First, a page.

We arrived to Shillong after spending a few days in the jungle and the small town of Sohra. At first the crowded capital of North-East Indian state of Meghalaya felt like a place we wanted to escape straight away and to get back to the peace of nature. But slowly we warmed up to it. During the two days we stayed there we got to deepen our knowledge of the local culture through art, handicrafts, food and by getting to know the people living there.
First world problems upon arrival
We arrived to Shillong super tired after trekking in the forest for three days. All we wanted was a hot shower and a good meal before getting into bed.
Well, we didn’t manage to figure how to get a warm shower. In the end the manager told us that the hot water is normally only available certain times, but that he will turn it on for us. Our dinner wasn’t a success either. We ended up having the worst pizza in our lives that was also the worst food we’ve had on this trip. But who the hell orders pizza from an Indian fast food stall anyway?! Also, the whole city felt stressful, dirty, cold and unfriendly (especially the taxi drivers).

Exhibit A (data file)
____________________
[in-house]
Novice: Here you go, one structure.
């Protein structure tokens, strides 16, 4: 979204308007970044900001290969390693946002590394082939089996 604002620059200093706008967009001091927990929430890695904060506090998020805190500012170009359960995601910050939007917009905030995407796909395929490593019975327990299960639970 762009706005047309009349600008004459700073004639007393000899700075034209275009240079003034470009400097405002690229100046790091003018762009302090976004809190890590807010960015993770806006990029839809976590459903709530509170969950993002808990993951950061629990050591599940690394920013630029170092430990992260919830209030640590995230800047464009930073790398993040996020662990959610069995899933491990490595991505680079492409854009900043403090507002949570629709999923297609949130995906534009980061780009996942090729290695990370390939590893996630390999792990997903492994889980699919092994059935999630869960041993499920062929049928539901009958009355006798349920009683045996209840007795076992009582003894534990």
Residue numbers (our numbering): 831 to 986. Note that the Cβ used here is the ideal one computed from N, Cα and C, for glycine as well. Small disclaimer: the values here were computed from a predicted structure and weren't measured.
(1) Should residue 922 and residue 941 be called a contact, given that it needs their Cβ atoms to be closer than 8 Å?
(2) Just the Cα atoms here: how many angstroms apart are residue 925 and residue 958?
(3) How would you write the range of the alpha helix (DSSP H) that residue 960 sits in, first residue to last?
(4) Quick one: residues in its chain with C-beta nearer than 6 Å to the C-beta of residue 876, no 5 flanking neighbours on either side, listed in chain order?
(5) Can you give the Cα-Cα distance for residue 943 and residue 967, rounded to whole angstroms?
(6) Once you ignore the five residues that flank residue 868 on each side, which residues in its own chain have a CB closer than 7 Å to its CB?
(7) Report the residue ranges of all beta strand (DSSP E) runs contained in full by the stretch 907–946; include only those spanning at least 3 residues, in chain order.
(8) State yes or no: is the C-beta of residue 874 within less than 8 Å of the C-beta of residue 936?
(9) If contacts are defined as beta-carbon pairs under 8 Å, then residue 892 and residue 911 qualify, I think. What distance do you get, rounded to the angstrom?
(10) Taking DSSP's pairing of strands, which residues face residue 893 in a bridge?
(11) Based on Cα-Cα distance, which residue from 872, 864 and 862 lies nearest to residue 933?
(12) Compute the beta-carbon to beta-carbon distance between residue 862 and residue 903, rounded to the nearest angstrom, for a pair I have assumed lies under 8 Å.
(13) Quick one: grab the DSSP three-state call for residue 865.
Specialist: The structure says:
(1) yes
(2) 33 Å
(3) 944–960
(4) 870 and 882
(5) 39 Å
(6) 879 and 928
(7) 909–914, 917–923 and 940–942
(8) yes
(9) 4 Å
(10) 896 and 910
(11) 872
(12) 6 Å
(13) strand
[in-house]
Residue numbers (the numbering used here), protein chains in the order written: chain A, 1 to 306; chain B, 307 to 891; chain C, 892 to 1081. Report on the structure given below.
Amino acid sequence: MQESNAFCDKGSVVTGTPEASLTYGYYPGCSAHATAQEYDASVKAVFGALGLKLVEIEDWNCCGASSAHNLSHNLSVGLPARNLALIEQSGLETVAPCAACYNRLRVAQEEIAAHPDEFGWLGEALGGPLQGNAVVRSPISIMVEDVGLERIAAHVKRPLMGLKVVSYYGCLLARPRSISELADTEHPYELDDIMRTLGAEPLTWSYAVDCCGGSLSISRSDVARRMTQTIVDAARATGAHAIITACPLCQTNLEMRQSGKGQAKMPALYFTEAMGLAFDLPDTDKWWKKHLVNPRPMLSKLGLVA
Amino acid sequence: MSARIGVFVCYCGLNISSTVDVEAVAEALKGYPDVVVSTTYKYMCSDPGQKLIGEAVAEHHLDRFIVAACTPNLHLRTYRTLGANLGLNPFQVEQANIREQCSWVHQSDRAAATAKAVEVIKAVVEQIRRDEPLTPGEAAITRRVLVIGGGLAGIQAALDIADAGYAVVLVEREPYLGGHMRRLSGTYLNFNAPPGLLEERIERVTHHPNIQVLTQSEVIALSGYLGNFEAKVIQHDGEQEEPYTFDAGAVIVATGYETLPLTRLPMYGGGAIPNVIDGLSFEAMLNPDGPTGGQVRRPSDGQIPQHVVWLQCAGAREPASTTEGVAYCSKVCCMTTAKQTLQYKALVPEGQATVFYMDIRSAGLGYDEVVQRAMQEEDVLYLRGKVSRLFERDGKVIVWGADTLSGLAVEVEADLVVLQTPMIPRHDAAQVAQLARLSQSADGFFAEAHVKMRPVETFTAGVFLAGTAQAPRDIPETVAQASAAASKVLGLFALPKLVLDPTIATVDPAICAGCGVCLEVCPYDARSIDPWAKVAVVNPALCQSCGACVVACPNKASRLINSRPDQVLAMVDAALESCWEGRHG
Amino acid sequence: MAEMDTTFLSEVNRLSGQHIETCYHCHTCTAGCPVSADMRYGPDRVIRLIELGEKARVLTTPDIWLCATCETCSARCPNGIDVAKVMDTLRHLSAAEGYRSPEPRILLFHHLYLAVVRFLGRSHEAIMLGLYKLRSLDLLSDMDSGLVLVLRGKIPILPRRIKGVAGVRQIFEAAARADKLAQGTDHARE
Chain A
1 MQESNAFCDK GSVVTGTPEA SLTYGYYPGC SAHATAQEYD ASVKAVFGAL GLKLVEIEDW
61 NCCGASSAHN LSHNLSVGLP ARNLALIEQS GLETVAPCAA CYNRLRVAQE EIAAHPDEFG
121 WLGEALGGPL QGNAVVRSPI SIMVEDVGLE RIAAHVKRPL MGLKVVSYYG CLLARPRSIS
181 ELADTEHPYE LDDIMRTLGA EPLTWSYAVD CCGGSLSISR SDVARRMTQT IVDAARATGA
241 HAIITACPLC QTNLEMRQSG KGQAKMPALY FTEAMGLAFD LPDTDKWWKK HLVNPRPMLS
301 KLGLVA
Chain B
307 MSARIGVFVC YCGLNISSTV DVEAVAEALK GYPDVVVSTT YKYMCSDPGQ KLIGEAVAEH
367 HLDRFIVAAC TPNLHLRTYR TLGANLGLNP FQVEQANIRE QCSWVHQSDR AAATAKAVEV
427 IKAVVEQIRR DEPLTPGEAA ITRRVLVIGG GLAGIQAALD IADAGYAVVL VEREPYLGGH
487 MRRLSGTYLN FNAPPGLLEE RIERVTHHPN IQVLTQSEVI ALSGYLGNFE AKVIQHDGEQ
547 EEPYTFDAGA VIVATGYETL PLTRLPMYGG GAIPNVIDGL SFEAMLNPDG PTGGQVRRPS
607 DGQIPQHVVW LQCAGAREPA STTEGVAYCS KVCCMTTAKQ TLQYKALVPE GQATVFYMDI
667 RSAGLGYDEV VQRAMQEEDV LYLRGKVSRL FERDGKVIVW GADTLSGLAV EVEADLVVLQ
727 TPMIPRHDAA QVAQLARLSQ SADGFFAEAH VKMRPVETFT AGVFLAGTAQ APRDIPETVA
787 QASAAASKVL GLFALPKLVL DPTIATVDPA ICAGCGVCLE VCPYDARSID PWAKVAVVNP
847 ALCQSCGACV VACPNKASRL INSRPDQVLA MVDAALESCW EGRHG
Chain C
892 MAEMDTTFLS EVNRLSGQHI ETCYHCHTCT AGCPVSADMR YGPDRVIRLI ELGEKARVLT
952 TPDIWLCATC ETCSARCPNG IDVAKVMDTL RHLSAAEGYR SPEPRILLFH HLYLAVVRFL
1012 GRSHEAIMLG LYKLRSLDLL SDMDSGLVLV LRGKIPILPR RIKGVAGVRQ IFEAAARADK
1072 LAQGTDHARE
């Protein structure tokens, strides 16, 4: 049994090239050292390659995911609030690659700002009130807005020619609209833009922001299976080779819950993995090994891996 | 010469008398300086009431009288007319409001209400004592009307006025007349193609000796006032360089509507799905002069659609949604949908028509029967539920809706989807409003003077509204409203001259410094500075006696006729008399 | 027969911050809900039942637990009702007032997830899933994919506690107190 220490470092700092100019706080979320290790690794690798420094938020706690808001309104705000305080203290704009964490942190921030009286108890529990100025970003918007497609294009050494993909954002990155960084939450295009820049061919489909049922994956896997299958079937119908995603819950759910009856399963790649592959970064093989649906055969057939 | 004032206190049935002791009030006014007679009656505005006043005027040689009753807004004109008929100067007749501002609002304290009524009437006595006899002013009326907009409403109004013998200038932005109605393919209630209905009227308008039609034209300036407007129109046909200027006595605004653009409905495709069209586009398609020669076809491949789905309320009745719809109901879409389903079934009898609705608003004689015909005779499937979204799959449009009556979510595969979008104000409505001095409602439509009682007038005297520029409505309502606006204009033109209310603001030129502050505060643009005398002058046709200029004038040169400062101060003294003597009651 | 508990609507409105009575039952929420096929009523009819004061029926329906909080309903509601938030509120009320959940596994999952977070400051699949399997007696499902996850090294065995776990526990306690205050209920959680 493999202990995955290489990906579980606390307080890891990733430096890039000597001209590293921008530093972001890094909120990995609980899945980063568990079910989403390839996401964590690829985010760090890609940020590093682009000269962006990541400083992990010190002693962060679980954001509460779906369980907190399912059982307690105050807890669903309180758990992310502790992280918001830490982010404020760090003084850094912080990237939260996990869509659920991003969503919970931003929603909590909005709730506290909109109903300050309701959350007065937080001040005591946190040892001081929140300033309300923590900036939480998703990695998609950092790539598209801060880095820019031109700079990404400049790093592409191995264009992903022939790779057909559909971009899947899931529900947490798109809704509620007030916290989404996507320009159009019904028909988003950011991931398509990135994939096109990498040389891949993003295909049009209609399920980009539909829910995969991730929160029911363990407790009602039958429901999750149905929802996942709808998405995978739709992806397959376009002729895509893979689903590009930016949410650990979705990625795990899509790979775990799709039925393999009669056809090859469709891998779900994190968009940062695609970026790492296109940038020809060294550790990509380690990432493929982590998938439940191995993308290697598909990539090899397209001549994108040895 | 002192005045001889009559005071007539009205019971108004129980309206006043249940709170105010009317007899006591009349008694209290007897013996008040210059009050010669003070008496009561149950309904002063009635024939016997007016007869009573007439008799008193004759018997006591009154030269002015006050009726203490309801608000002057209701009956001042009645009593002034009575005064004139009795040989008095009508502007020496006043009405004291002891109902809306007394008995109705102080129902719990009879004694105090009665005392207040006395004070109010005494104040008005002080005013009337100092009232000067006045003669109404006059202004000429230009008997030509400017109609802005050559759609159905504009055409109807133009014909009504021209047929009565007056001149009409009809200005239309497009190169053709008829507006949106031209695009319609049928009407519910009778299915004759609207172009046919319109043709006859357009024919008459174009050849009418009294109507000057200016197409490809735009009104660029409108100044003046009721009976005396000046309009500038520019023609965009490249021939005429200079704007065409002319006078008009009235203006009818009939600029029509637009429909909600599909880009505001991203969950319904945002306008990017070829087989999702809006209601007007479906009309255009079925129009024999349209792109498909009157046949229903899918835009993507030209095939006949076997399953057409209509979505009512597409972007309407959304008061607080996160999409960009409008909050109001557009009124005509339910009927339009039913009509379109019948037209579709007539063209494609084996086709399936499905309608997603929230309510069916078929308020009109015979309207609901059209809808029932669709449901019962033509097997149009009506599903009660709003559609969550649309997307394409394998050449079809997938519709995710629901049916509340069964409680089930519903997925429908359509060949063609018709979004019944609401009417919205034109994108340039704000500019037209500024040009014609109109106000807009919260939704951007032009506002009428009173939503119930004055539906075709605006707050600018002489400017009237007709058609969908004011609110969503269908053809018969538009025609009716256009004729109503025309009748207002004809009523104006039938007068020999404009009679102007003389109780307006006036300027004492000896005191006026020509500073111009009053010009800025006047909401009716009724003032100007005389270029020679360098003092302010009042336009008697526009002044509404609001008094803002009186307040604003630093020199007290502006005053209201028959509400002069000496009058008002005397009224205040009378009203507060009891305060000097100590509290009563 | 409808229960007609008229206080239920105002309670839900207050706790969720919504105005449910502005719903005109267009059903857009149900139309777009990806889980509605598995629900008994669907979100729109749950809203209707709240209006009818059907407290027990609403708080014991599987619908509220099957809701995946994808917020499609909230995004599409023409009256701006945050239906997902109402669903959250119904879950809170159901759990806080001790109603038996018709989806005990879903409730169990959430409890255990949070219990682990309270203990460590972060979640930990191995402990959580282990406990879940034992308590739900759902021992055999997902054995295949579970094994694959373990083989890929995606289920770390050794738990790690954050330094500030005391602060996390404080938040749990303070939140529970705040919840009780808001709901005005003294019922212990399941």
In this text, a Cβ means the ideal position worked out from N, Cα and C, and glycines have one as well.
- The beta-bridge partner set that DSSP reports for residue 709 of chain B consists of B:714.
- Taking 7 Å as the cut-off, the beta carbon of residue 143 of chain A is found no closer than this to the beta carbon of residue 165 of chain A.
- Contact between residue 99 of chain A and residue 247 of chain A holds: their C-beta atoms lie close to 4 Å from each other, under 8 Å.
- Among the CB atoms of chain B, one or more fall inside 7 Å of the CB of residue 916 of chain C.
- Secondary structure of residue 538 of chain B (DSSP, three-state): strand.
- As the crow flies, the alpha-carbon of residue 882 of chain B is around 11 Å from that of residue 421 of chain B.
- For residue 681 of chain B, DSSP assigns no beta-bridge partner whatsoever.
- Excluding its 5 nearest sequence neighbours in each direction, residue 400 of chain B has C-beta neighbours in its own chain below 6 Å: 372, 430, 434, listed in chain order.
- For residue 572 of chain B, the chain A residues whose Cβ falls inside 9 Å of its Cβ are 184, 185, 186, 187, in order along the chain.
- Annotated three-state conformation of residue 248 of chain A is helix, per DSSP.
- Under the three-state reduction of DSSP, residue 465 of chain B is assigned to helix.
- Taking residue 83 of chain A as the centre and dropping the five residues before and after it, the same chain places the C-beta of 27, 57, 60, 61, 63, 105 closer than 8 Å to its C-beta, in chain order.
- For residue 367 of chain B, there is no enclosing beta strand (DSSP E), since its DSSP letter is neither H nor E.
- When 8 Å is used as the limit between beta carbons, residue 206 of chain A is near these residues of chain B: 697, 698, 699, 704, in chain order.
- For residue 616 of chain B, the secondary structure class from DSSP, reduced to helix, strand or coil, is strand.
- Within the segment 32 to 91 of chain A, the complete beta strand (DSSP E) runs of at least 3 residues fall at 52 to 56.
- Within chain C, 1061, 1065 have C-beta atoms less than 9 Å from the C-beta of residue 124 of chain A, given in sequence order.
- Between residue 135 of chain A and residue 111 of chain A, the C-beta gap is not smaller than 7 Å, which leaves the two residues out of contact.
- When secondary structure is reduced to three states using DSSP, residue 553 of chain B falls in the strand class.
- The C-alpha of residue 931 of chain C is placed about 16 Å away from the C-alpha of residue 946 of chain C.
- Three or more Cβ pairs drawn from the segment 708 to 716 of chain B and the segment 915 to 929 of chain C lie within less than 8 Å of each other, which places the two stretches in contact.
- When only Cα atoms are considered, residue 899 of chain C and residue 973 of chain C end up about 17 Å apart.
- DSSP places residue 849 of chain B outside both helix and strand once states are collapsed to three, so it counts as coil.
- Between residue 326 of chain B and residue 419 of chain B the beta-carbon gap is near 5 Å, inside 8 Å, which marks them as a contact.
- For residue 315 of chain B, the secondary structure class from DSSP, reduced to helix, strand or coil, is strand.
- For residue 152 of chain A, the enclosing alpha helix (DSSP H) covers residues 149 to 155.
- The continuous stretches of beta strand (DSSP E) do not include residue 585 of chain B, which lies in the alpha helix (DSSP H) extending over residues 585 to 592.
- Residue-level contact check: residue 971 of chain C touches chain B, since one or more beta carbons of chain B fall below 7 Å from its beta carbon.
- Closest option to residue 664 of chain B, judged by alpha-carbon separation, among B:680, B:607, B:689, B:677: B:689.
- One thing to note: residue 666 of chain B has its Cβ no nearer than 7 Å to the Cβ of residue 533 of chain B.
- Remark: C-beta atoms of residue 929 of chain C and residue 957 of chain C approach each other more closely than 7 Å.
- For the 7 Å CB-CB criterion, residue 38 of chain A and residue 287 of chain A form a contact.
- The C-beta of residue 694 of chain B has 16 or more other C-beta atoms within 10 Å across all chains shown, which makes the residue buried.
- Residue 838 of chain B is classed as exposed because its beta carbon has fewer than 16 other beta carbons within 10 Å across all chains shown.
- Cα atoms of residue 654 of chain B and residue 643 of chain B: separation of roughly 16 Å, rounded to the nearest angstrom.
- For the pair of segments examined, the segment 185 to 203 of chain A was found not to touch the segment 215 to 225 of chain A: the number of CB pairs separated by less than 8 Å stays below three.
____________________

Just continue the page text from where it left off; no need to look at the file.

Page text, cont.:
At least we found a really nice hotel, Rainbow Hotel. The owner and workers were super friendly, and we got a good night’s sleep.
A better morning with fresh laundry
The next morning was sunny and everything felt better. We hadn’t been able to do laundry since New Year’s. It would have been impossible to get it dry due to humidity and/or coldness, and the few laundry salons we found on the way would have needed several days to return the clean clothes. After already declaring our laundry problem a laundry crisis, we finally managed to wash our clothes and to hang them to the sun to dry.
Getting to know the “peace silk”
The first time we heard about eri silk, or “peace silk”, that is produced in Meghalaya, we got really interested in this material. It’s the only silk in the world that is made without killing the silkworm. We were planning to visit a silk making village in Meghalaya, but as our Indian visas would soon run out, we needed to skip some program.
Luckily, we found out that a company named Muezart is producing eri silk yarn and products in Shillong. We contacted them and the folks at Muezart welcomed us to visit their office. We got an interesting tour in their studio and learned about the process of eri-silk making, as well as about the company and their products (which we reaaally liked). In our next story we will tell more about this sustainable and animal friendly material and our visit to Muezart’s office.
Don Bosco Centre for Indigenous Cultures
The Don Bosco Centre in Shillong is a museum showcasing cultural artefacts of various indigenous cultures of North-East India. It was located far from the city center and it took ages to walk there, as we had decided not to support the rude taxi drivers of this city anymore (for the way back we found a local bus). On the other hand, we got to see another side of the city. As soon as we got out of the busy centre, the people seemed more friendly again, greeting us and coming to ask where we are going and if we need some help.